Historic Douglas County Courthouse may have to adapt to new gun law
Douglas County officials may have to sacrifice some of the historic character of Lawrence's century-old county courthouse to comply with the state's new concealed carry gun law.
"That is one of the special challenges of this building," County Administrator Craig Weinaug said today after a closed-door special meeting with county commissioners to discuss security arrangements.
Commissioners met to discuss a security plan that, if approved, could qualify the county for a four-year exemption from the new law. That would give the county until Jan. 1, 2018, to add features such as a security desk, metal detectors and X-ray machines to screen visitors and ensure that no one is carrying a weapon into the building.
Under the new law, cities and counties must either do that or allow anyone with a valid permit to carry concealed weapons into their public buildings.
All three Douglas County commissioners have criticized that law, which took effect July 1. Before it took effect, though, the county took advantage of a provision allowing for a six-month extension to develop a plan for securing its buildings.
The county now has until Dec. 31 to submit a plan to Kansas Attorney General Derek Schmidt's office detailing how it intends to provide such security.
Commissioners took no action after their closed-door meeting today. But Weinaug said if they intended to submit the plan, they would have to vote in public to do so, probably within the next few weeks.
Even then, however, the plan itself will not be open to the public because the new law specifically exempts such plans from the Kansas Open Records Act.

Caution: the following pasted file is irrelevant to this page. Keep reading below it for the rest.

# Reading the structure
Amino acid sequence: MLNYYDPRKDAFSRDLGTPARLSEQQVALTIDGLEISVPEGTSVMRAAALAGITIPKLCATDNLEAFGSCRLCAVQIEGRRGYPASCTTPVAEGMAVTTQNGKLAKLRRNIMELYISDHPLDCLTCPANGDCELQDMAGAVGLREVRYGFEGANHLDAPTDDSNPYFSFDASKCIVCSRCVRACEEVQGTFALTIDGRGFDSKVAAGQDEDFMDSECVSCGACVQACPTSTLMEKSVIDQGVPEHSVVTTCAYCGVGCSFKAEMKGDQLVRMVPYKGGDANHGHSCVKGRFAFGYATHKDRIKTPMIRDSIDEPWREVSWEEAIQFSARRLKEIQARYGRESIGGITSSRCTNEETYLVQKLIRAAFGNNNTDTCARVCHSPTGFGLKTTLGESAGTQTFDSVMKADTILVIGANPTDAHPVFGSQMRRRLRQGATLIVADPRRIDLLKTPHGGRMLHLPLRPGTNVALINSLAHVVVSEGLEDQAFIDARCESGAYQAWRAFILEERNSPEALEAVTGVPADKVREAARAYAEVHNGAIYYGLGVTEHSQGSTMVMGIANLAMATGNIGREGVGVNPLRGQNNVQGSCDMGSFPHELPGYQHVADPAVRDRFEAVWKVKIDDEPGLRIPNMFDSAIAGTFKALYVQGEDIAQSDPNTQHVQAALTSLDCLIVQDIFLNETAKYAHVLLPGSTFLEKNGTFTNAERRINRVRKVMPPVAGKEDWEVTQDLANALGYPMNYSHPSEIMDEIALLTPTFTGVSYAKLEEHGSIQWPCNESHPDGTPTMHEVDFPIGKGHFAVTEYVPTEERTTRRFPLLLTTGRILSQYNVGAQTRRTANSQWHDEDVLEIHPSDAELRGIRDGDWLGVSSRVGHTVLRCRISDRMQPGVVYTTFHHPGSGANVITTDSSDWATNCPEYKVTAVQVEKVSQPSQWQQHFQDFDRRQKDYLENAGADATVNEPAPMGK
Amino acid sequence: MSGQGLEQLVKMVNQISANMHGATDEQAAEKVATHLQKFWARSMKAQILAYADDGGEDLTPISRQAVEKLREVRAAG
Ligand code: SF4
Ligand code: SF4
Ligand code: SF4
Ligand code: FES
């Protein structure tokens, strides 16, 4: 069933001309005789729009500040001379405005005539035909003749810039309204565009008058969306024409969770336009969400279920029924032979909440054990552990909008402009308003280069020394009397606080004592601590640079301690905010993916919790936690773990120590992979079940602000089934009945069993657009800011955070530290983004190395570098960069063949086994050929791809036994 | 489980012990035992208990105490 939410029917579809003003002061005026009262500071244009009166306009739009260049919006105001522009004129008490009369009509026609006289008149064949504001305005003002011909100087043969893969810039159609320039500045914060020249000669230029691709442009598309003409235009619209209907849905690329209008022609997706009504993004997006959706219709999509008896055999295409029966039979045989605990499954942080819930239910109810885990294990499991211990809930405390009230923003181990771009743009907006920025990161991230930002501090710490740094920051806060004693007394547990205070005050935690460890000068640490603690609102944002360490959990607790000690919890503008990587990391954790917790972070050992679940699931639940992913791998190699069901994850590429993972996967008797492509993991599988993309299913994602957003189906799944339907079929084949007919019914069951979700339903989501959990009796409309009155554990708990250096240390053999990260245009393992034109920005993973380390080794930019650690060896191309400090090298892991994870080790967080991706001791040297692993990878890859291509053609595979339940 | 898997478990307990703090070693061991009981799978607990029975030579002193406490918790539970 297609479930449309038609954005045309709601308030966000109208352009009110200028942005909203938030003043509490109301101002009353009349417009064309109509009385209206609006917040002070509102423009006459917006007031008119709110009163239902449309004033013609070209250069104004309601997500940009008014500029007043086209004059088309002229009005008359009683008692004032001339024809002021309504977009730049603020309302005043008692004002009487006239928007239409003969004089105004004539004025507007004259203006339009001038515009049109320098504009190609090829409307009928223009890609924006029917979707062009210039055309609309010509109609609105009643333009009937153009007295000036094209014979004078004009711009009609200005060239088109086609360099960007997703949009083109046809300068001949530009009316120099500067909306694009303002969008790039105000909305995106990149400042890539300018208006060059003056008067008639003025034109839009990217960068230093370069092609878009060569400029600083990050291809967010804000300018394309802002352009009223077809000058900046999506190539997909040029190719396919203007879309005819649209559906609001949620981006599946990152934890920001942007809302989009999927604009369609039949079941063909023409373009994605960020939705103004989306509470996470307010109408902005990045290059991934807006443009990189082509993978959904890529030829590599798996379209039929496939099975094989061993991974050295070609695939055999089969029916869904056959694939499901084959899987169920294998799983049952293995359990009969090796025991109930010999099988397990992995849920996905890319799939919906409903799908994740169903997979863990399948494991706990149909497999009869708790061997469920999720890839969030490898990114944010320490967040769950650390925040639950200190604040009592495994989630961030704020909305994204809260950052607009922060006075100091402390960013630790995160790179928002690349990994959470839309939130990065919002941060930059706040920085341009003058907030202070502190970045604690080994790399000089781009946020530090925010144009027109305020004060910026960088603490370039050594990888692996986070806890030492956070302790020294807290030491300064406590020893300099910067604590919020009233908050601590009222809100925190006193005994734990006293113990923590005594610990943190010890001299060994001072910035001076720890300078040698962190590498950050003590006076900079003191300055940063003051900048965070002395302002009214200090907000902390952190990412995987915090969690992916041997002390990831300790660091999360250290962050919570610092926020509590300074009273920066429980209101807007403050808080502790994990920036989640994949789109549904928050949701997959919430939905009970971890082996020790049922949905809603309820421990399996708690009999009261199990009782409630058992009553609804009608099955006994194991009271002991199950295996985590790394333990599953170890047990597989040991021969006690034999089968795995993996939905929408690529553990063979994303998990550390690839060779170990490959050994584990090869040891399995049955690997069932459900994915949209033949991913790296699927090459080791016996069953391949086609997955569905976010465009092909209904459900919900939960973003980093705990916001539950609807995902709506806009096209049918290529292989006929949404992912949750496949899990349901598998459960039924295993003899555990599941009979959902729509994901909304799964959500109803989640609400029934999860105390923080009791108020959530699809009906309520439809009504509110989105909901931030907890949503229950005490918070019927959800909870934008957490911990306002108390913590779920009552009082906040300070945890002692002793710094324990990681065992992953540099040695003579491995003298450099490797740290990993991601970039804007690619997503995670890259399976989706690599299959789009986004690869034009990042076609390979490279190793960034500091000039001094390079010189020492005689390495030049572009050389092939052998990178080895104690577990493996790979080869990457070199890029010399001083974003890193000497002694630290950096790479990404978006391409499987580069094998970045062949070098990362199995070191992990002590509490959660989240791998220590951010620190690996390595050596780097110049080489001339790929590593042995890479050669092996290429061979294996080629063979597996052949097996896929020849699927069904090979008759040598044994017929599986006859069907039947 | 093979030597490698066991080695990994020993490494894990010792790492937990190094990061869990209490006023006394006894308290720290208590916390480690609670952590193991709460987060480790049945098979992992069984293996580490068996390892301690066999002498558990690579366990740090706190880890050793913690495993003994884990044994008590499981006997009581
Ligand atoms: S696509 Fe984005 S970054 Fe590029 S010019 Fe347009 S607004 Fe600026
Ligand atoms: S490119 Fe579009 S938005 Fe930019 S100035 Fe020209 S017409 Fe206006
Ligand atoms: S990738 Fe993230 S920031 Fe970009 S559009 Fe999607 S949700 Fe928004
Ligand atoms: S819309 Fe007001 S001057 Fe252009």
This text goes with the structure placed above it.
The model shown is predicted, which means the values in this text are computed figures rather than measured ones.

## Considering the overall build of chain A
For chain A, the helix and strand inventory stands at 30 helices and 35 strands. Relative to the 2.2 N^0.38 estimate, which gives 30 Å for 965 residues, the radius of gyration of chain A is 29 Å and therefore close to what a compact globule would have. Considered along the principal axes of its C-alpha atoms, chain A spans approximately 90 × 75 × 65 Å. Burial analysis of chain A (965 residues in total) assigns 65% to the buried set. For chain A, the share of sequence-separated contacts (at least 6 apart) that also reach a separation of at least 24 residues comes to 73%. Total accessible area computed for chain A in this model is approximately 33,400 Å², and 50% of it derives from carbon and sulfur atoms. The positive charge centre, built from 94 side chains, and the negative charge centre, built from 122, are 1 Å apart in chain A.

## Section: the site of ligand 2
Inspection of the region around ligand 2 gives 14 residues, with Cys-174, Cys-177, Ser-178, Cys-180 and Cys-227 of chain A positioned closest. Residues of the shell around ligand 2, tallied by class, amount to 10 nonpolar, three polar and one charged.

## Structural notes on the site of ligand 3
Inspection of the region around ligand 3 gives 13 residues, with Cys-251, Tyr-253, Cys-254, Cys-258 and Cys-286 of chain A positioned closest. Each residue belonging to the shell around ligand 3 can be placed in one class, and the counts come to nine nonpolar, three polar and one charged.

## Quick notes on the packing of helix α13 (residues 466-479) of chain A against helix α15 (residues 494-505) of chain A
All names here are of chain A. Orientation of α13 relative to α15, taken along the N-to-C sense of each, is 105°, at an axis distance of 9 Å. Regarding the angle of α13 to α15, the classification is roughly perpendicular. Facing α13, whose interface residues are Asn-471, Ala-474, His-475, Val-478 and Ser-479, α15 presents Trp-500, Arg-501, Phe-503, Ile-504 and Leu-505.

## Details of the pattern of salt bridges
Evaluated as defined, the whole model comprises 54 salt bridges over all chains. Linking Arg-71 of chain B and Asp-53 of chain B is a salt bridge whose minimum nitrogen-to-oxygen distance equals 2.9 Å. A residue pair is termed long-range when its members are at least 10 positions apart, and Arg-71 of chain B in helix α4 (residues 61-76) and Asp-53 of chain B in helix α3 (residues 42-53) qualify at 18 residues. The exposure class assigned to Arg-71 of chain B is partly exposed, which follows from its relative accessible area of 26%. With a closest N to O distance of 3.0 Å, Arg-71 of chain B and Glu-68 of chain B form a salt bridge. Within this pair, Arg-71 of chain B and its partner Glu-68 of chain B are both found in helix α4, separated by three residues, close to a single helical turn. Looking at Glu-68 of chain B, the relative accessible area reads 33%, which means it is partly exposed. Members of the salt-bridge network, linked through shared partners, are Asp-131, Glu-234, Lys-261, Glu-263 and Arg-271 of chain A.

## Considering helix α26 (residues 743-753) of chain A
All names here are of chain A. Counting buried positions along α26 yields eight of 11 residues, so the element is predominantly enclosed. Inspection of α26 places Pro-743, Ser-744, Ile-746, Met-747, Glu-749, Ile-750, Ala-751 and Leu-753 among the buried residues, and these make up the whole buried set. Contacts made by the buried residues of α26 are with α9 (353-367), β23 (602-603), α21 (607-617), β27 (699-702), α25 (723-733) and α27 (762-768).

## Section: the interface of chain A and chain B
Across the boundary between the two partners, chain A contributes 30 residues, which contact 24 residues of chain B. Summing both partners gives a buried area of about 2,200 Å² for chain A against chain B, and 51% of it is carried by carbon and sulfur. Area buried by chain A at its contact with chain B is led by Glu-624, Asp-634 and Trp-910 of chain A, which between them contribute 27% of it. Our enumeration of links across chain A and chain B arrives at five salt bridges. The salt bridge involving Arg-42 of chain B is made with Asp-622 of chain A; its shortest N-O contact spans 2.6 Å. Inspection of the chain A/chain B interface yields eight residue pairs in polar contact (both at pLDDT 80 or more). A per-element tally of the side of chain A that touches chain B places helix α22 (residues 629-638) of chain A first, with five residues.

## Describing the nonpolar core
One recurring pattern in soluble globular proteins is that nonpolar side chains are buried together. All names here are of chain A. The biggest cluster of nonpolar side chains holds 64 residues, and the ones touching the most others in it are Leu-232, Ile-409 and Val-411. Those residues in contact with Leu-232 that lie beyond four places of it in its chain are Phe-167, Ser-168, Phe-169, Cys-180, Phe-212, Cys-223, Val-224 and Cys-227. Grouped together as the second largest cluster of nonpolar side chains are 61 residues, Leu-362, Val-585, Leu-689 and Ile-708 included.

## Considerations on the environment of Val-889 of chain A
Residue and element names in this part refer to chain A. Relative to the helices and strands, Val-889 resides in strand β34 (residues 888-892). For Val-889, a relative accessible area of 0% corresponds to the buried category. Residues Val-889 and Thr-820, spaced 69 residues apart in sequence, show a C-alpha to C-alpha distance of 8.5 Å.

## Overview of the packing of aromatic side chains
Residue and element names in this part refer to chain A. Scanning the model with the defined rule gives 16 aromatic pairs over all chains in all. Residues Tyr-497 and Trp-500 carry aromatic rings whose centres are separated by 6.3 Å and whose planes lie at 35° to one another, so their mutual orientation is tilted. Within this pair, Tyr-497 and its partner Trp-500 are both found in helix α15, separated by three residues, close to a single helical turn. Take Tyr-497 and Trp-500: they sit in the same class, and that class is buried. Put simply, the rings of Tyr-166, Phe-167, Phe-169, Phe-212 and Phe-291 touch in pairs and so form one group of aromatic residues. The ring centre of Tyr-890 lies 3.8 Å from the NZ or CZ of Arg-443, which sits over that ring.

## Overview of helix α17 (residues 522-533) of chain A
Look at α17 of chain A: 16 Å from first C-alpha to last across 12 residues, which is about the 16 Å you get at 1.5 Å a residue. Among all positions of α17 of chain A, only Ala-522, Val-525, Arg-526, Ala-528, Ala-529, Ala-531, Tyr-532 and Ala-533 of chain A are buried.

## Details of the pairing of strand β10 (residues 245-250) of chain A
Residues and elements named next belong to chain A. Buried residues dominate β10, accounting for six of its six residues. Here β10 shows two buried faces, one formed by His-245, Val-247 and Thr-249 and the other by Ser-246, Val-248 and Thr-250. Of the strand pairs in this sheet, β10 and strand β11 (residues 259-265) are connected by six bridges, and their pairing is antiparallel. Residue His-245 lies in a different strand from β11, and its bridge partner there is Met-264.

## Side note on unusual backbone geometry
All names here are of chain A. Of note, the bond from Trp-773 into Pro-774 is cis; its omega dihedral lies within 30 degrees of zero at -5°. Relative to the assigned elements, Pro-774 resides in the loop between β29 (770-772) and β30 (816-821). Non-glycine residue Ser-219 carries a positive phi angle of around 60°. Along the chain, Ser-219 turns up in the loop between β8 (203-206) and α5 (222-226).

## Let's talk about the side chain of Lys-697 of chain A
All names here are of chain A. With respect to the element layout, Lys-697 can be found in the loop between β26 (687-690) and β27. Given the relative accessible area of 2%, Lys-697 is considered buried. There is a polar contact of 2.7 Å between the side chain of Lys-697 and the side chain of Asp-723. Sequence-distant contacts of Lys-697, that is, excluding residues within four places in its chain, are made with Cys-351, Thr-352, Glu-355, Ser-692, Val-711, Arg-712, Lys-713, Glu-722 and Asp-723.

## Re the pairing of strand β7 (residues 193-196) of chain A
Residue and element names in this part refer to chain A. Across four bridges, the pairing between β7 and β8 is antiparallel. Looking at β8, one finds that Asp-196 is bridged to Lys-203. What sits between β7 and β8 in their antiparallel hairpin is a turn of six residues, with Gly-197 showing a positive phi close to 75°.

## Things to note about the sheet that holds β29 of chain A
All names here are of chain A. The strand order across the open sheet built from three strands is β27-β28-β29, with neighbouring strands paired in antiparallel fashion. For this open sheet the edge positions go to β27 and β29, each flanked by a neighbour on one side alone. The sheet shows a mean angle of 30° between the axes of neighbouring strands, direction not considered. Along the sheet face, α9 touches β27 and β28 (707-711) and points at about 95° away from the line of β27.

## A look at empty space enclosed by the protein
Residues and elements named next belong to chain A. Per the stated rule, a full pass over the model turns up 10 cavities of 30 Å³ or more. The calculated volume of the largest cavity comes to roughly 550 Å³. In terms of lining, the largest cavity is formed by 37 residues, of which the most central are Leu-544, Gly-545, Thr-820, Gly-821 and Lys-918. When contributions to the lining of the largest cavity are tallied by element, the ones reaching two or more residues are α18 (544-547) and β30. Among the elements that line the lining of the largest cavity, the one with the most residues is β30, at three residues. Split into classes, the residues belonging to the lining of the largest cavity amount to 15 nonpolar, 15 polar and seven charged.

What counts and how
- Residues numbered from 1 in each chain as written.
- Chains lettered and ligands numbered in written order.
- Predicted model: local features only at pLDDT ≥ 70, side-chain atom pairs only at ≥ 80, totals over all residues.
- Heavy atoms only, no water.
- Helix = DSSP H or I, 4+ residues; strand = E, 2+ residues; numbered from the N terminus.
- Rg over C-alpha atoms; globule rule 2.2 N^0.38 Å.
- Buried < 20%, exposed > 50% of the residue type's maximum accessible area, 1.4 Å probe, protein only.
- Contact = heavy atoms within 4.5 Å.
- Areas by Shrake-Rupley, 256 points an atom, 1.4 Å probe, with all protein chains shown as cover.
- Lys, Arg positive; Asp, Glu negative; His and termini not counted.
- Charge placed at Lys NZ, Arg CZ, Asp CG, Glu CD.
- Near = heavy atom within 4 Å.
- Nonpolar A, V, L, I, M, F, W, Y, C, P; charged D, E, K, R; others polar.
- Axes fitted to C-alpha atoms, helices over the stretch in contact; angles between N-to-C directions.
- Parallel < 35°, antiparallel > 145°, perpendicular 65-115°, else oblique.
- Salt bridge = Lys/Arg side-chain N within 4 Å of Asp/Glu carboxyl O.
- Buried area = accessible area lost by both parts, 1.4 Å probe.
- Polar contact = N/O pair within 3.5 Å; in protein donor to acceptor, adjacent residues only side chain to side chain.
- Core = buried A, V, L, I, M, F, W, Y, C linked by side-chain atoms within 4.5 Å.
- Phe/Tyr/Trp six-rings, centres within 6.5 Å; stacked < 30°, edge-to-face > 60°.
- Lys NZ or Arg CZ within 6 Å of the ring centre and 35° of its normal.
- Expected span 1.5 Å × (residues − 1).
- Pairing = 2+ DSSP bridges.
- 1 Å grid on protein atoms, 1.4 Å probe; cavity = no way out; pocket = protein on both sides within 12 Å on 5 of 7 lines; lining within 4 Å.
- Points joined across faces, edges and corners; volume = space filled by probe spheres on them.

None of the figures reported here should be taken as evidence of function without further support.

In addition to the courthouse at 1100 Massachusetts St., such a plan would also have to ensure security at the Zoning and Codes Department office and County Treasurer's satellite office west of 27th and Iowa, the new Public Works facility to be developed along East 25th Street, and possibly other buildings as well.
The Judicial and Law Enforcement Center and the county jail already have security and visitor screening that would meet the requirements of the law, county officials have said.
But it's the historic courthouse that could pose the biggest design challenges and most visible changes for the public.
Dennis Brown, chairman of the Lawrence Preservation Alliance, said he would be concerned about any major alterations to the courthouse. But he said he understands the county's challenge.
"It seems to me the state is using the threat of extraordinary costs to force concealed carry onto communities that might not want it," he said.
Completed around 1905, the courthouse is listed on the National Register of Historic Places and is notable in part for its Romanesque-style architecture.
Currently, there are three public entrances to the building: the main east and west doorways, which provide stairway access to the main floor; and a handicapped-accessible entrance on the north side of the building, which leads into the basement.
In order to prohibit guns in a municipal building, the law requires the agency controlling the building to have "adequate security measures" at all public access entrances to ensure that nobody can carry a weapon inside. It also requires having gun lockers or other storage facilities for storing "lawfully carried weapons."
That means the county would either have to install security devices at all three entrances or, more likely, close off the two main entrances and direct all public traffic through the basement-level accessible entrance.
The Hutchinson News reported this week that Barton County in south-central Kansas has opted to allow concealed carry weapons into its courthouse because commissioners there found the cost of providing security too steep.
Melissa Wangemann, general counsel for the Kansas Association of Counties, noted that others, including Sedgwick County, have discussed allowing concealed carry in some public buildings but closing off only its county courthouse.
But that isn't likely to be the case in Douglas County.
"Our chief concern in all this is the safety of our employees and the safety of the public when they enter our buildings," Commission Chairman Mike Gaughan said.
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